Friday, June 5, 2015

Conference time and the museum of the future

Back to back conferences on like themes are always interesting, if only to see how much stamina is required to keep engaged. Sydney has just hosted the Museums Australia Conference, followed by Remix Sydney.

The former is self explanatory, the annual get together of the local museum fraternity, always useful for catching up with old friends and meeting new ones, but this year a bit predictable and uninspiring in programming and discussions. Highlights for me were:
  • Xerxes Mazda, formerly of the British Museum, currently at the Royal Ontario Museum and about to be head of collections  for National Museums of Scotland. Xerxes is always worth listening to on how to maximise the visitor experience, by integrating exhibitions, education, web, publications, design, front of house, visitor research, marketing, membership, volunteers and programming.
  • Mega museum project updates with Gunther Schauerte from the Humboldt Forum in Berlin and Michael Lynch on M+ in the West Kowloon Cultural District, Hong Kong. Large though these are, we should not forget the New Museum that is arising in Western Australia. I blogged about this when it was announced in July 2012, and amazingly the monies ($428m) still seem to be there and the project is gaining significant momentum with an opening scheduled in 2020. 

I gave a paper boldly entitled 'Conservation in Museums – Whereto from here?', inspired by my own perception of the journey that conservation worldwide has undergone between the ICOM CC Conference in Sydney in 1987 and 27 years on the same conference in Melbourne in 2014.

And interestingly it was Remix that turned out to be in many ways a more appropriate forum for this discussion with the first session asking ‘What functions of museums are best served by external providers?’ Remix is a series of global summits on the future of cultural industries currently taking place annually in London, New York City, Dubai and Sydney, which aims to pull together cultural leaders, corporate directors, technologists and entrepreneurs.

It was a buzzy place to be around, reinforcing how the world of social media is fracturing at an ever increasing pace. With ever more platforms and media to share content on, the move to video as a medium, and mobile as the principal point of access, museums are scrambling to understand how to respond. Inevitably the focus on providing digital content continues to drive decision making on funding, but with it came reinforcement of the urge to see and value the real thing that is continuing to bring people into cultural institutions in increasing numbers.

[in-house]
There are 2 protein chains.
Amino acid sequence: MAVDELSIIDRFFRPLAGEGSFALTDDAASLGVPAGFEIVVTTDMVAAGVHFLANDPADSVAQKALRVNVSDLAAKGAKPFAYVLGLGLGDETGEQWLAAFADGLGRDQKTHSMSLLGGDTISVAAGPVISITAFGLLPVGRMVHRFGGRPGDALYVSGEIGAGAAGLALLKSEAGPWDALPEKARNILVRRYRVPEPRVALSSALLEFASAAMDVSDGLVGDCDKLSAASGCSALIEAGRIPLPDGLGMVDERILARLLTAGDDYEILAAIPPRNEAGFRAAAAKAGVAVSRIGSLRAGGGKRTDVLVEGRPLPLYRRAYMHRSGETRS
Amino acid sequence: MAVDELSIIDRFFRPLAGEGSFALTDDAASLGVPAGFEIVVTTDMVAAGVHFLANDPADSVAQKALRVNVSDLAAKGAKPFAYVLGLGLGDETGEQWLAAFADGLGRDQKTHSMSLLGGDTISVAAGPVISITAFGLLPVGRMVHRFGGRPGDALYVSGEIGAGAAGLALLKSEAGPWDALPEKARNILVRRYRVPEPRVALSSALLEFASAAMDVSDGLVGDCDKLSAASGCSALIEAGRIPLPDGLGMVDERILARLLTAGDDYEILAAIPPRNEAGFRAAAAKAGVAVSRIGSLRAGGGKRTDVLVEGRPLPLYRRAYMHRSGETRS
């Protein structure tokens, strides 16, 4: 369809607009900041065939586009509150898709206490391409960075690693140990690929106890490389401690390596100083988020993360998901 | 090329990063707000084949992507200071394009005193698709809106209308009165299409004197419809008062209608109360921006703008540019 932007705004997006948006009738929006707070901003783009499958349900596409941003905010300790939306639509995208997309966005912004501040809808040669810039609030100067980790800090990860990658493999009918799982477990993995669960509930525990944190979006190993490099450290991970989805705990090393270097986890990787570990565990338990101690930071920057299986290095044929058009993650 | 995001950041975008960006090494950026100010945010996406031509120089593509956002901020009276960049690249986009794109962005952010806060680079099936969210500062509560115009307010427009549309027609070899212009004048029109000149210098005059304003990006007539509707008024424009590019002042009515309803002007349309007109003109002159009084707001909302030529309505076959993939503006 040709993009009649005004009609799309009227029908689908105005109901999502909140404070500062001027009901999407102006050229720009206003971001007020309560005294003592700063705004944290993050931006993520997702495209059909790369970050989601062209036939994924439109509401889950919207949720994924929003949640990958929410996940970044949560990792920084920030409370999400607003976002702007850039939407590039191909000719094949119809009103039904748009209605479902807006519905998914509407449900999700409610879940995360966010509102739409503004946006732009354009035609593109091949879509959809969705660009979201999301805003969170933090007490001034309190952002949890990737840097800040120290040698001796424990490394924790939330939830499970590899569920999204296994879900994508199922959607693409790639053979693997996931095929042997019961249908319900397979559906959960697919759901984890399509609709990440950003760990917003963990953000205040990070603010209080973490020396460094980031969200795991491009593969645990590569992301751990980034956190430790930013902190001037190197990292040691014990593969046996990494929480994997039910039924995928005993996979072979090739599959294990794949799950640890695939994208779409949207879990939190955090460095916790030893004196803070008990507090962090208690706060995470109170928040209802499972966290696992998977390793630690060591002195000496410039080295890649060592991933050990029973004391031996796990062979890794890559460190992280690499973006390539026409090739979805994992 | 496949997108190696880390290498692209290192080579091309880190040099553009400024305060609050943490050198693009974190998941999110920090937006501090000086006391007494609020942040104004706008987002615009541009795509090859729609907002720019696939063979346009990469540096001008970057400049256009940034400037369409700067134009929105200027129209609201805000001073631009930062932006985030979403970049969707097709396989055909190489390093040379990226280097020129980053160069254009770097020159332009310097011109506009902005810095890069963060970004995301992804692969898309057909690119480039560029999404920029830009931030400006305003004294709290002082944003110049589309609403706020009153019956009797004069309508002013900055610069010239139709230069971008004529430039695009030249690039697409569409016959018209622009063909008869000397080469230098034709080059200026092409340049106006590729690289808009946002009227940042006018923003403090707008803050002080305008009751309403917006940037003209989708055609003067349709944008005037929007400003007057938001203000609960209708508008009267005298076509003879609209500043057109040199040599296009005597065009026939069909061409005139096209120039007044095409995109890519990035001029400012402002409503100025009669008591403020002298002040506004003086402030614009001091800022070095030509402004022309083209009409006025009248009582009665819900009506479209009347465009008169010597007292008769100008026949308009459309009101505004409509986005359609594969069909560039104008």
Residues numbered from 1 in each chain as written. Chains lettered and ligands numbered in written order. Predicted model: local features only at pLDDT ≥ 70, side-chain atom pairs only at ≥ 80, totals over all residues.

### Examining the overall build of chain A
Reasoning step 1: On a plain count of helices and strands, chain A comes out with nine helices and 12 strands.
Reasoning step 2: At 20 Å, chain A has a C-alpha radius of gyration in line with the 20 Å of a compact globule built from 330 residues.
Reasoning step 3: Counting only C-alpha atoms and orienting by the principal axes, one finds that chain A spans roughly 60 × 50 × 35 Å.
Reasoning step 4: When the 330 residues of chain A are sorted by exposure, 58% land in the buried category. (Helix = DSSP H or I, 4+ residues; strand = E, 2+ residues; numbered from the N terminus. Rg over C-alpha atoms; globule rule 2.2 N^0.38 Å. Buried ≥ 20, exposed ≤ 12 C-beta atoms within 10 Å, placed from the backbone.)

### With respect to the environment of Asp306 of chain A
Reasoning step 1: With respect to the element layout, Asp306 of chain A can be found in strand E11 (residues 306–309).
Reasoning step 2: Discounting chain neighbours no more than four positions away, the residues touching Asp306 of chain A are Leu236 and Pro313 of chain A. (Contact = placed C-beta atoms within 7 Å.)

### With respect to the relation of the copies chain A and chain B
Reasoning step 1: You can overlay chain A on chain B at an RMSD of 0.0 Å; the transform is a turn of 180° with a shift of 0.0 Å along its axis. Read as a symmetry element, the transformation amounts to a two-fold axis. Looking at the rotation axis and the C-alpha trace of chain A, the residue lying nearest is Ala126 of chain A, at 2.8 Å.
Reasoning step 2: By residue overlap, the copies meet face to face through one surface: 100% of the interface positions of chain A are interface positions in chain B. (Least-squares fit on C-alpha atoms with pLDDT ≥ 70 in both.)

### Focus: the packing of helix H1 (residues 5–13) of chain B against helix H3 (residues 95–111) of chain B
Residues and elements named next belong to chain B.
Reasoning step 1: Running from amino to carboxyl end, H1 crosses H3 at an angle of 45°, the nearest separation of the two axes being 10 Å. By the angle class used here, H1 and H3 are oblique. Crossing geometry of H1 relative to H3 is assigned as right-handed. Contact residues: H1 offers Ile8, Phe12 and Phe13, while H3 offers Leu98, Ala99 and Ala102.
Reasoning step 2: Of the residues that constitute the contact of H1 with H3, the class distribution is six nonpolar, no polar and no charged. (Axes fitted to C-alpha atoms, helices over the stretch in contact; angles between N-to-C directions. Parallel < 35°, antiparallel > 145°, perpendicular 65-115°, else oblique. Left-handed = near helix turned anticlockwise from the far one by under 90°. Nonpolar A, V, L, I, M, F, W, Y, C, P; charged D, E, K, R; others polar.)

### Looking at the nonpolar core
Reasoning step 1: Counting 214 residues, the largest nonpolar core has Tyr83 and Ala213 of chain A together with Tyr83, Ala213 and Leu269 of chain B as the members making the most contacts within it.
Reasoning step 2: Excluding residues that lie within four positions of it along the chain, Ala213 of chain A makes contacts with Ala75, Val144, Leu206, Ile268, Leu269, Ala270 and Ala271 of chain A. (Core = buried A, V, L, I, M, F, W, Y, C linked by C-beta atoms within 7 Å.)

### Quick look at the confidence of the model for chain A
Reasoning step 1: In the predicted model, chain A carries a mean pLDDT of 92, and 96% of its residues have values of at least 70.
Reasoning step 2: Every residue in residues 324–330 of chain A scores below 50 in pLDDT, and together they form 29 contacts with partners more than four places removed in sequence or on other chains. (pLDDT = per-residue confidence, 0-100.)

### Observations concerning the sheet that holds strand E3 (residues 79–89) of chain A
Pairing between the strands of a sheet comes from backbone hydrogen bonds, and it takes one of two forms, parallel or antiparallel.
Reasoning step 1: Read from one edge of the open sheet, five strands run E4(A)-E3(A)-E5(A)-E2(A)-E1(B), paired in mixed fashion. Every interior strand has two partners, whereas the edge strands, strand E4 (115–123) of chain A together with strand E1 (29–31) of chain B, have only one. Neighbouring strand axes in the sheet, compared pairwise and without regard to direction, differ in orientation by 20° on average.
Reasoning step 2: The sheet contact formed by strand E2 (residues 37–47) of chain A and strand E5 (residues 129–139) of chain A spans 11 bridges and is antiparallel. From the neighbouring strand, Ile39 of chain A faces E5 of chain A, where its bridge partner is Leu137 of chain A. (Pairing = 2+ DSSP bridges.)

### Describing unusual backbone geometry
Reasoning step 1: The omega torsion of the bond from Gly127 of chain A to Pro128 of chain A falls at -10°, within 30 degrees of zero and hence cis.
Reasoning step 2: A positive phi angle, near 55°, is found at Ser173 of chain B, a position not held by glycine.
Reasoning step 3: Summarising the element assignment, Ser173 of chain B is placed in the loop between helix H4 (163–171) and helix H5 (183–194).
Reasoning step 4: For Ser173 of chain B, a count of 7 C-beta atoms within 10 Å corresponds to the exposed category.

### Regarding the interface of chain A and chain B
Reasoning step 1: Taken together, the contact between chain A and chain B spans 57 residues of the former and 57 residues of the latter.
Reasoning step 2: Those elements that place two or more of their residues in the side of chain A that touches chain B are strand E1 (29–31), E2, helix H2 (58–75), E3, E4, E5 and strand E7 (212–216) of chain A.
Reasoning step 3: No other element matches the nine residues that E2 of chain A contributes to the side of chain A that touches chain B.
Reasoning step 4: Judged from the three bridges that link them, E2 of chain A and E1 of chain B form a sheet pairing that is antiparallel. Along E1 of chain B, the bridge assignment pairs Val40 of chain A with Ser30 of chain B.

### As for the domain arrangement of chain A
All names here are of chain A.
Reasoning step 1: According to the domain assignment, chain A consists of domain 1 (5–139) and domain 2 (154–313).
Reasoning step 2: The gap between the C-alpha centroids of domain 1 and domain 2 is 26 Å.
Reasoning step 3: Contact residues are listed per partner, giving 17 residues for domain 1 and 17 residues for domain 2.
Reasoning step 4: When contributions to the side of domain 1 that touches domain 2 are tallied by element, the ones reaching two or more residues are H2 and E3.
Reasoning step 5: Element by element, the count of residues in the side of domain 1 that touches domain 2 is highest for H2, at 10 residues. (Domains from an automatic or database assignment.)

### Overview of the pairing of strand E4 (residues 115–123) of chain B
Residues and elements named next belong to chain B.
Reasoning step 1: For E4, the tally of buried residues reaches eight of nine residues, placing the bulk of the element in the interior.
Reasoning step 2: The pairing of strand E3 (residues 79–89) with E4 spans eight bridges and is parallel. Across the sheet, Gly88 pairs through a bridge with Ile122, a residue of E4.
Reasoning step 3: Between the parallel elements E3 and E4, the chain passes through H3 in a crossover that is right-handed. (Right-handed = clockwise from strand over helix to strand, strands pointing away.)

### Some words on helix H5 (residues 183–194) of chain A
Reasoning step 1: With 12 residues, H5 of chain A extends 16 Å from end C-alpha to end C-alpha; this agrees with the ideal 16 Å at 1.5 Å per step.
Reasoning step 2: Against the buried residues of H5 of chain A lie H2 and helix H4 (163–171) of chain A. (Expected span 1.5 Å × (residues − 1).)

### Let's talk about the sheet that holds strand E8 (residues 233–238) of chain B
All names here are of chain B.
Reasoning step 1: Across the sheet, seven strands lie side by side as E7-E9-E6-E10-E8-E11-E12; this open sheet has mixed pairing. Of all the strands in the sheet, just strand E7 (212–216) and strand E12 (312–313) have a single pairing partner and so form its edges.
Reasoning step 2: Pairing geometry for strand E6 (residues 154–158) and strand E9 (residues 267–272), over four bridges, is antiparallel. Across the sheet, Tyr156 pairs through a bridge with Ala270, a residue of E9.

Pick of the conference for me was Seb Chan’s keynote on the Future of Museums. Seb was at the Powerhouse Museum in Sydney for many years before taking up the role of Head of Digital and Emerging Media at the Cooper Hewitt National Design Museum in New York, which has just reopened after a $81 million refurb. Described in the Atlantic as the museum of the future, Seb has lead the charge at the Cooper Hewitt on integrating the digital and the real seamlessly. He and his team have done this by ensuring:
  • Everything on exhibition is also online, i.e. not just a representative proportion
  • The online data provides a rich array of extra information, so offers significant extra value that can be accessed later
  • Visitors select objects they find interesting by touching the label with an interactive pen they are provided with on entry

     
  • These selections are then downloaded upon exit and can be accessed, researched and manipulated at home via a unique url on each ticket
  • No time consuming downloading of an app, pre visit or upon arrival
  • No privacy issues over requiring an email address
  • This is a REALLY NEAT solution

     

What I came away with is that we are now seeing the next iteration of visitor access through technology, the leader until now being MONA and the O. The ground breaking nature of the O is reflected in how long it has taken to see it superseded, but look to the Cooper Hewitt for the future of this aspect of museums. Read all about it at Museums and the Web 2015

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